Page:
Sunday, January 3, 2010


Let me get this straight.

The Habs have an 8-8-0 record this season when they register at least 30 shots on goal, as they did in Sunday's 1-0 loss to the Buffalo Sabres. When they don't reach that magic mark, it's 13-12-3. Does that make any sense to you?

Back when the Habs were stealing games left and right thanks to Jaroslav Halak, who was getting pelted with well over 40 shots a game, I joked that Jacques Martin had finally found a winning game plan. Well, maybe it wasn't such a joke after all. Maybe the Habs need to be outshot badly to actually win a game.

While they're at it, why not simply play the rest of their games on the road as well? Sunday afternoon's loss dropped Montreal's record at the Bell Centre to 9-10-2, while it's 12-10-1 on enemy rinks. Why is that? I remember Mike Cammalleri once admitting that perhaps the Canadiens were so intent on giving their loyal fans a good show at home that they diverted from their game plan. But that definitely wasn't the case Sunday because that was a horribly un-entertaining contest, yet the Habs still lost.

Perhaps a power play goal might have helped, but that too shows little respect for reason. The Habs went 0-for-2 on Sunday, and for only the 10th time this season Montreal had more power plays than the opposition. Over the seven-game road trip, when the power play hummed along at a 50 per cent clip, two power plays would have statistically been enough to produce a goal. Yet at home that dominant power play becomes downright pedestrian, producing a goal only 16.4 per cent of the time, good for 24th in the NHL. Again, does anyone have any reasonable explanation for this?

Then there's Carey Price, who for the sixth time this season allowed only one goal in a game with 29 saves. Yet he lost for the fifth time in his last six starts, playing just good enough to not win, again. His record dropped to 10-14-3 on the season, and many of those losses could be filed under the category "Not his fault, but..." Jaroslav Halak, meanwhile, has an 11-6-0 record. Their other numbers are nearly identical, with Price holding a minor edge in GAA at 2.62 to 2.64, while Halak has an equally slim lead in save percentage at .922 to .916. Those stats tell a story of a battle for the number one job, but the statistic that counts most, wins and losses, has a clear leader.

The positive for the Canadiens in this game is that they had a clear advantage in scoring chances over an elite team in the Conference, one that makes a habit of winning games like this. They came out for the start of the game with guns blazing, spending nearly the entire first four minutes in the Sabres zone to draw a penalty. But no goal came despite a number of good chances on that power play, and it appeared to deflate the Habs.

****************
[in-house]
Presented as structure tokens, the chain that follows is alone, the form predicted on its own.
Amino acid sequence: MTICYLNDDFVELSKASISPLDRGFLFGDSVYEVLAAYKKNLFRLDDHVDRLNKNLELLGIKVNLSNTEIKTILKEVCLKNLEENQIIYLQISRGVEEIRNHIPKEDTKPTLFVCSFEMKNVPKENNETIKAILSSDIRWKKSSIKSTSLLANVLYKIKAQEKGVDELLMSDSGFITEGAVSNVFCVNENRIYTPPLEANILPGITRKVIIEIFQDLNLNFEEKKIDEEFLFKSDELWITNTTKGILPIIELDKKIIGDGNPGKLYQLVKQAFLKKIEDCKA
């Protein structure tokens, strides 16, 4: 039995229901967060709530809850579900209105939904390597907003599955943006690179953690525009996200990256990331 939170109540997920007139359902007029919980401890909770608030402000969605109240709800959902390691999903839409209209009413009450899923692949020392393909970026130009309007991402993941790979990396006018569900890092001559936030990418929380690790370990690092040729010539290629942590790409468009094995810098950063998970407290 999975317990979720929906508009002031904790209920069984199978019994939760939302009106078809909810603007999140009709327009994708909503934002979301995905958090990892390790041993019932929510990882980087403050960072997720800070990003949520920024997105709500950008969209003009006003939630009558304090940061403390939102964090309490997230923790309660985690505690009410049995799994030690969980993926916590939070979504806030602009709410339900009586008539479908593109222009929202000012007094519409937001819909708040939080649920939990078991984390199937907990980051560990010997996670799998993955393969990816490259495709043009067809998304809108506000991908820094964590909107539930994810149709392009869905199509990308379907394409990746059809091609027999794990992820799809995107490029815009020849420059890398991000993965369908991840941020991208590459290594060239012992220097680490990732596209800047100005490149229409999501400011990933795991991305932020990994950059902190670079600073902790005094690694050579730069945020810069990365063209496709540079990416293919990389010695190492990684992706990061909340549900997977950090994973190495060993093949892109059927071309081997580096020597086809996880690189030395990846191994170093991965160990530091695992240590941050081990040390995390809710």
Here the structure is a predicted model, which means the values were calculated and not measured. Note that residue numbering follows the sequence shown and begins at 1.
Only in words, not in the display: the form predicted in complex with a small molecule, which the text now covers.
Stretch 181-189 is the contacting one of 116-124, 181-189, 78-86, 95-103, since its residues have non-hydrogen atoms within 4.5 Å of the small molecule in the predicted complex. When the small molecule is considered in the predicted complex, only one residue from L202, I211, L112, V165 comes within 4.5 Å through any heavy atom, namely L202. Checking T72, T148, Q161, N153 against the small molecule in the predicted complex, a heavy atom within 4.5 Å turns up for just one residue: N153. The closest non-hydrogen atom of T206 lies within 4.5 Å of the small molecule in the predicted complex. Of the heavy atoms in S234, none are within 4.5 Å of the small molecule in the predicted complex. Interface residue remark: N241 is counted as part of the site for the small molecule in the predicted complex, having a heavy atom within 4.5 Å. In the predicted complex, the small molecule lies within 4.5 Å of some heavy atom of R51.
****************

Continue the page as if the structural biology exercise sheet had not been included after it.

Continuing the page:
"I think our energy tapered off after that," said Mike Cammalleri after the game. "In the first period we took the game to them, we had a lot of energy, that sense of desperation that seems to be so key for us. In the second and third, for whatever reason, it didn't continue that way."

Tuesday night in Washington, the Habs will need to find a way to make it continue. The emergence of a legitimate second line should help in that regard, as the trio of Scott Gomez, Brian Gionta and Benoit Pouliot was consistently dangerous all night. Pouliot in particular had two fantastic opportunities for a goal in his first Bell Centre game, but he couldn't beat Miller.

All his teammates told the same story.


Sliver24 said...

It's pretty clear based on the numbers (or seems to be, anyway) that Carey is simply not getting the same offensive support from his mates that Halak is enjoying.

It would be interesting to see the current combined records of Carey's and Jaro's opponents to this point. I'm wondering of one them is getting a (theoretical) easier ride that the other.

Anvilcloud said...

I didn't see the game, but when you write that they came out with guns blazing I nodded my head. I have seen them lose the edge too often when they come out flying, not just this year either. The key for them seems to be to come out strong but also to leave something in the tank. It seldom works that these intense starts lead to a big lead; almost invariably, the other teams comes back, often to win, even if they get a goal. I know what I'm saying sounds perverse, but I believe it, even if I'm not saying it very well.

Andy J Smith illustration said...

Hey, Apon! Happy New Year...

here are some rough LOGO DESIGNS:

john deere said...

Andy, nice work, if you are as good with a stick as you are with a pencil call Bob.

Arpon Basu said...

You should check out La Presse this morning, Marc-Antoine Godin has a great article on exactly what you are talking about:

Sliver24 said...

He got the idea from reading this blog, no doubt ;)

john deere said...

If you can't read French google will translate it for you:

and then enter the web page:

and then hit translate.

john deere said...

Is there any truth to the rumor Plekanec is asking for $7 million per year? If that's true, he won't even have trade value, he will have rental value only.

Hello, Anaheim is Saku still available?